Real living wage increases as the cost of living rises, but not for health care workers.
More than 250,000 people working for almost 7,000 real Living Wage Employers throughout the country will receive a pay boost as the new Living Wage rates rise to £9.50 across the UK (20p increase), and £10.85 in London (10p increase).
However, UNISON assistant general secretary Christina McAnea warns that the increase will leave many thousands of health and care staff behind.
‘While some 250,000 low-paid workers will get a wage rise today, many others on the Covid frontline will be less fortunate.
‘Care staff working in homes and out in the community remain stuck on poverty pay, despite vital work supporting society’s most vulnerable throughout the pandemic.
‘The increase also means thousands of the lowest-paid health workers employed by the NHS, cleaners, domestics, porters, security staff and drivers, no longer earn a living wage.
‘Their colleagues working on outsourced NHS contracts fare even worse. Most employed by private contractors are on the minimum wage, and lowly statutory sick pay if they get the virus or need to isolate.
‘It’s time the government did the right thing and gave a well-earned pay rise to all those caring for us and keeping us safe while the virus rages.
‘That’s the best way of thanking them all for everything they do and protecting our vital public services.’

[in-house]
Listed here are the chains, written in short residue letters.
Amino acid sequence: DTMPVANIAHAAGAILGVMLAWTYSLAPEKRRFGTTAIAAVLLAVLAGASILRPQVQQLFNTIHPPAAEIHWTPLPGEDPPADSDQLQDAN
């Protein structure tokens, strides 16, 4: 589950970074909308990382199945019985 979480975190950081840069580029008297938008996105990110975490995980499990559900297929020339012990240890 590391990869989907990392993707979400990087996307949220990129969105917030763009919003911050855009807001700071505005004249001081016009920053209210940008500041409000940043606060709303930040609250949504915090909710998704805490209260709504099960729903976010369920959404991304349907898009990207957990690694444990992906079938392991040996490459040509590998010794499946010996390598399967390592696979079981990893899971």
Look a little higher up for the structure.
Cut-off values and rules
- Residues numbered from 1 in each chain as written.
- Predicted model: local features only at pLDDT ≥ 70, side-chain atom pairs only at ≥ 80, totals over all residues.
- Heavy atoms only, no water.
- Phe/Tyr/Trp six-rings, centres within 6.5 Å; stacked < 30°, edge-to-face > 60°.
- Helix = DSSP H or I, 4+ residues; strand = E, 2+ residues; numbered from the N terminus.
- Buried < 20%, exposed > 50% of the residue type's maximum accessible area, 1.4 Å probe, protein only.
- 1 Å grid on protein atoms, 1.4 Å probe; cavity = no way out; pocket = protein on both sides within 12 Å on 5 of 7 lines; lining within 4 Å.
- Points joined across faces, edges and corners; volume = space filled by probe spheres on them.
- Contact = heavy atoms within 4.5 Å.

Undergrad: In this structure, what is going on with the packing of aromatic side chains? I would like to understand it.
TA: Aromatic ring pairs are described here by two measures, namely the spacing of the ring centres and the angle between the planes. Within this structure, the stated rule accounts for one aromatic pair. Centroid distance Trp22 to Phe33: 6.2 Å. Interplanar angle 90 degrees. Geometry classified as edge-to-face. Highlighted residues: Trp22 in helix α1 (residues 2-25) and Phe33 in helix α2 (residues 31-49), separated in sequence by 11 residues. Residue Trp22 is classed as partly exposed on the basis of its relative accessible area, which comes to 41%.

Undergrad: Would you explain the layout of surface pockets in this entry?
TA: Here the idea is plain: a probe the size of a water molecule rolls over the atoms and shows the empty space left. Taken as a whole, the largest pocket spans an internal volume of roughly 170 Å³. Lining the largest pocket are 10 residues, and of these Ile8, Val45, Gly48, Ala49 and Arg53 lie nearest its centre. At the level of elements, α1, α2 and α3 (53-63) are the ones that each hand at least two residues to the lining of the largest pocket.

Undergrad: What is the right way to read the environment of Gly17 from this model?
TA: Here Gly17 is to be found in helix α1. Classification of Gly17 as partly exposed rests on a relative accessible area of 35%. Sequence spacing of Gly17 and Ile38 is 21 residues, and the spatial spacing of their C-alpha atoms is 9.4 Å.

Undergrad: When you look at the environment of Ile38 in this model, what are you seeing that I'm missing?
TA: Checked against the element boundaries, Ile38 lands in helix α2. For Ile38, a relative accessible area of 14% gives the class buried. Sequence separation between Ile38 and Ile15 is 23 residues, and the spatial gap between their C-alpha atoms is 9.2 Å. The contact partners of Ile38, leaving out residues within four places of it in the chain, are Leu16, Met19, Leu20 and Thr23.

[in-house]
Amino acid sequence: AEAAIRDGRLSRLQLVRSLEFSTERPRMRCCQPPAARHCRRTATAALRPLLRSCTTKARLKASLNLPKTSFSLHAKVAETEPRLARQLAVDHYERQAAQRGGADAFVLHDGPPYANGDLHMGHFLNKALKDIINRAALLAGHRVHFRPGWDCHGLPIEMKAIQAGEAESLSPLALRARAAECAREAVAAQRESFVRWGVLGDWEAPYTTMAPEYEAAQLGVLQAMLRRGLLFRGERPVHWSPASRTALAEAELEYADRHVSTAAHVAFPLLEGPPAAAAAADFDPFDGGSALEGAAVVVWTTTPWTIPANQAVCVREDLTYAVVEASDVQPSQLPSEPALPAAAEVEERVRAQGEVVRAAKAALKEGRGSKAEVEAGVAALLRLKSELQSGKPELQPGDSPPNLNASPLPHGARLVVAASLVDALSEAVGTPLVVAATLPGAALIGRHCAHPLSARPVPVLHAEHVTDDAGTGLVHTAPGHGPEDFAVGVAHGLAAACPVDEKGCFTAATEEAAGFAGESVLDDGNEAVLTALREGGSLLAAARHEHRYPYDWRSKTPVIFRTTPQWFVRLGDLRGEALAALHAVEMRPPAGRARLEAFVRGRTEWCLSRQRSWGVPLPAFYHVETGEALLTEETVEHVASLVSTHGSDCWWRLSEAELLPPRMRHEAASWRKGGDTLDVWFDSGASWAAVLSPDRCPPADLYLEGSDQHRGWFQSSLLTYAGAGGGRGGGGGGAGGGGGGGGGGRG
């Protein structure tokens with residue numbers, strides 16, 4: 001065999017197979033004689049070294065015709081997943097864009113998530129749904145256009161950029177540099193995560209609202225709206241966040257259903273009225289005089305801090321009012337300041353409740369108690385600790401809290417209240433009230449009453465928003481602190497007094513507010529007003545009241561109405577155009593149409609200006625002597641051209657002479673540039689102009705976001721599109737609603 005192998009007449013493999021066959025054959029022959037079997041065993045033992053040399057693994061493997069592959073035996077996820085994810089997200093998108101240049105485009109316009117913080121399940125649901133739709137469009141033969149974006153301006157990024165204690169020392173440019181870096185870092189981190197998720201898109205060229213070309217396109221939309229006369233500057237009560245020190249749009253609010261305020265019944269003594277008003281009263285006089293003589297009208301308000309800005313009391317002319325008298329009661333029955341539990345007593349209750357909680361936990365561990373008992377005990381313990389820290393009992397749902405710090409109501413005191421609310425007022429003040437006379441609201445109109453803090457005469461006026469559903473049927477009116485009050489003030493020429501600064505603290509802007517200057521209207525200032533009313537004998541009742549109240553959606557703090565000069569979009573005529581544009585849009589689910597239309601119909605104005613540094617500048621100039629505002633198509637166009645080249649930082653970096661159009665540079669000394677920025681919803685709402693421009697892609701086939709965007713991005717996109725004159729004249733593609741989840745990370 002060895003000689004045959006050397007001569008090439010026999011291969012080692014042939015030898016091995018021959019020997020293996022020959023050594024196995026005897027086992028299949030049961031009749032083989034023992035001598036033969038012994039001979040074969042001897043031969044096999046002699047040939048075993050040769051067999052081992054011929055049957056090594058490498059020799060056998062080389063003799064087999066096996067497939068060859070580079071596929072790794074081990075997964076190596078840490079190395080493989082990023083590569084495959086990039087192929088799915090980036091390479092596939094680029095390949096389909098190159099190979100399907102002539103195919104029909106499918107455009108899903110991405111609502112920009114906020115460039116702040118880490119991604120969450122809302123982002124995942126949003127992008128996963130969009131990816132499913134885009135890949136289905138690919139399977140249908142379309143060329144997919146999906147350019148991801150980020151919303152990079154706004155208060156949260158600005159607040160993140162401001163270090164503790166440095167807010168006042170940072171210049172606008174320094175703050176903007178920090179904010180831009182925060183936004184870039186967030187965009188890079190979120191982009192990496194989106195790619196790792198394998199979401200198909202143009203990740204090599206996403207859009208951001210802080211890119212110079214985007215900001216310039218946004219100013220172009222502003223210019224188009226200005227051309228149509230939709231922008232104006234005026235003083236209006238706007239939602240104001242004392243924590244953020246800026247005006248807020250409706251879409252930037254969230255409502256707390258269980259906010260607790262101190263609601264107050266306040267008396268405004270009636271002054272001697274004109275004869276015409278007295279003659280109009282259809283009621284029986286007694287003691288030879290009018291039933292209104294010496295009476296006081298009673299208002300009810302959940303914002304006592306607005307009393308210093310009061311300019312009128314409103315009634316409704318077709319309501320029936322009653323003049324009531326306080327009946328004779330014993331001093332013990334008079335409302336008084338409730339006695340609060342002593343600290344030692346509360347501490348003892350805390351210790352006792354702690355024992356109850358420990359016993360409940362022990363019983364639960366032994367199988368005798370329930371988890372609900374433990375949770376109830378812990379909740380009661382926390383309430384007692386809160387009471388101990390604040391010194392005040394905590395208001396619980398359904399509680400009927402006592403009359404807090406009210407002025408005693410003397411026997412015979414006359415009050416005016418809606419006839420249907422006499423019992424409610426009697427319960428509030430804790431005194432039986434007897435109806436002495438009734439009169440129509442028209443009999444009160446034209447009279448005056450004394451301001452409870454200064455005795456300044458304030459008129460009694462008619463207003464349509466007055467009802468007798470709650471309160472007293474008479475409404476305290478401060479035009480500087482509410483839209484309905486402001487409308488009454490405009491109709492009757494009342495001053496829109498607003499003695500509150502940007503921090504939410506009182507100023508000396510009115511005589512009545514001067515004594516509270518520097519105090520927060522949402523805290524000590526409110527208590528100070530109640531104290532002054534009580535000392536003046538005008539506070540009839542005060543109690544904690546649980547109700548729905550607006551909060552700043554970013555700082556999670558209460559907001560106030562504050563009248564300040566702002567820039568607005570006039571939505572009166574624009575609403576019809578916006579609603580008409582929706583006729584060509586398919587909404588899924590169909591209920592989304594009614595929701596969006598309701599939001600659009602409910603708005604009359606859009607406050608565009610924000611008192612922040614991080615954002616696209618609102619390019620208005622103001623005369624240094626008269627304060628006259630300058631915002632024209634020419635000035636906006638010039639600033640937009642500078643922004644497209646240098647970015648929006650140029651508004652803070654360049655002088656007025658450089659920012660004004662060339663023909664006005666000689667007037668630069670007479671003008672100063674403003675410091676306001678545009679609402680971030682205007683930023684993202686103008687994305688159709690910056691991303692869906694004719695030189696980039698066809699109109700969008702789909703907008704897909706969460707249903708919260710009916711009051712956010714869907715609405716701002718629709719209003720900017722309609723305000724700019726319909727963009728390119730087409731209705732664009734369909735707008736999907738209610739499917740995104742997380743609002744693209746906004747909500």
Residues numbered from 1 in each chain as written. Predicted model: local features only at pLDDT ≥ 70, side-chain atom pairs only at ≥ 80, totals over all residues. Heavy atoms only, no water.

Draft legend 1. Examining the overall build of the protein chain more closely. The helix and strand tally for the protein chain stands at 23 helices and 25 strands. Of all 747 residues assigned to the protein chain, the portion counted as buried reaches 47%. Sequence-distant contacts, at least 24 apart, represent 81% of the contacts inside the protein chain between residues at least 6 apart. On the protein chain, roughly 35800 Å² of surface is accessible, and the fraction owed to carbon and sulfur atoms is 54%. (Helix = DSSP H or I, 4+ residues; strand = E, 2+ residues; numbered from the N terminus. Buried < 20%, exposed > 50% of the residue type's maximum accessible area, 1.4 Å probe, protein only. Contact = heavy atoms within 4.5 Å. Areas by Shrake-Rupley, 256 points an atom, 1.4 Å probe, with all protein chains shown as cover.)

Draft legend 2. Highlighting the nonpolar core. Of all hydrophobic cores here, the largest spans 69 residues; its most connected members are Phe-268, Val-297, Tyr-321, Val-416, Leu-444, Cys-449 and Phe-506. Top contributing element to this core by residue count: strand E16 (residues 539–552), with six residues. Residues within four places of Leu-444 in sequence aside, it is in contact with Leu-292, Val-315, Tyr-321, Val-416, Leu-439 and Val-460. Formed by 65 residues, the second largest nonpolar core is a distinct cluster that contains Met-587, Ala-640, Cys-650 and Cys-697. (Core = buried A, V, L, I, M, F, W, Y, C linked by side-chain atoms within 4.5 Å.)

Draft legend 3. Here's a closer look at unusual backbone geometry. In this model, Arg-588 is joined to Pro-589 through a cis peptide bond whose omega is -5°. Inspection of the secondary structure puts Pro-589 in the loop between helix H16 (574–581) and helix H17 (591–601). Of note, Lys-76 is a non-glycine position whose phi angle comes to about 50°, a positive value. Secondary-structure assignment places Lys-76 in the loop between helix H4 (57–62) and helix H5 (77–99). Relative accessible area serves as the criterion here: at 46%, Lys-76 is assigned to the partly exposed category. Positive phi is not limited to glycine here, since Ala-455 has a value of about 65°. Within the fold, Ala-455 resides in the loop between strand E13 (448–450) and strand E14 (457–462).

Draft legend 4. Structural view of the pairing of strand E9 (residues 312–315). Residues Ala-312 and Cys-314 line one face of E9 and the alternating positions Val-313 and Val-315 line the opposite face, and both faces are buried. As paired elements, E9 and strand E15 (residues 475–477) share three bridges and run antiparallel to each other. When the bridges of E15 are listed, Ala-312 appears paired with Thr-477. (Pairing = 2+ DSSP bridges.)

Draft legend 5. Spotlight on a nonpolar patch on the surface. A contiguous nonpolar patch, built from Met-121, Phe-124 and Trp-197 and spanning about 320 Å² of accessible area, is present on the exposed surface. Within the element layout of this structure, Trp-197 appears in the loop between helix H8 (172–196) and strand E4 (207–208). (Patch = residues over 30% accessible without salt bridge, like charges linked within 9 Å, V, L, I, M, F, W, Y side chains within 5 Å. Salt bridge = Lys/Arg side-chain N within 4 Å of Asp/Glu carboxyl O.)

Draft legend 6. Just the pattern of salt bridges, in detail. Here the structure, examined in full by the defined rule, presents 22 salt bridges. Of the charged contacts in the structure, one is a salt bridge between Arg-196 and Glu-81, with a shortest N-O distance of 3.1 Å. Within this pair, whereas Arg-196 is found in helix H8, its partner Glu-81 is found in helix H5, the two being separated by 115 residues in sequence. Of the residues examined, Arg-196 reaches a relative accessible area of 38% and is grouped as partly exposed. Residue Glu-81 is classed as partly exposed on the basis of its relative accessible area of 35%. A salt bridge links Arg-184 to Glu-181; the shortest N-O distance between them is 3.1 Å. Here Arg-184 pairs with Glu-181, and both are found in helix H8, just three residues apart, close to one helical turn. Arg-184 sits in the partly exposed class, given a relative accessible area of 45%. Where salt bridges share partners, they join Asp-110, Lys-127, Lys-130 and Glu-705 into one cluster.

The Living Wage Foundations said research conducted by Cardiff Business School has demonstrated the significant impact of the Living Wage campaign since the start of the pandemic.
More than 250,000 workers have benefitted from an additional £200 million since the start of lockdown, including 130,000 key workers. Since 2011 over £1.3bn in extra wages has gone to workers and families through the Living Wage.
The UK rate is 78p per hour more than the government minimum wage (for over 25s) and the London Living Wage is £2.13 per hour higher.
A full-time worker paid the new £9.50 real Living Wage will receive over £1,500 in additional wages annually compared to the current Government minimum. For a full-time worker in London this figure rises to over £4,000.
The announcement comes as new research by the Living Wage Foundation has demonstrated the scale of low pay during the pandemic, with 5.5 million jobs (20.3% of employee jobs) still paying less than the real Living Wage. Northern Ireland had the highest proportion of jobs paying below the Living Wage (25.3%) and Scotland the lowest (15.2%). 
Laura Gardiner, Living Wage Foundation director, said: ‘It’s an incredibly challenging time for us all, but today’s new Living Wage rates will give a boost to hundreds of thousands of UK workers, including thousands of key and essential workers like cleaners, care workers, and delivery drivers who have kept our economy going.
‘Since the start of the pandemic employers have continued to sign up to a real Living Wage.
‘During Living Wage Week it’s right that we celebrate those employers that have done right by workers and families, providing them with much-needed security and stability even when times are hard.
‘These are the employers that will allow us to recover and rebuild from this crisis.’
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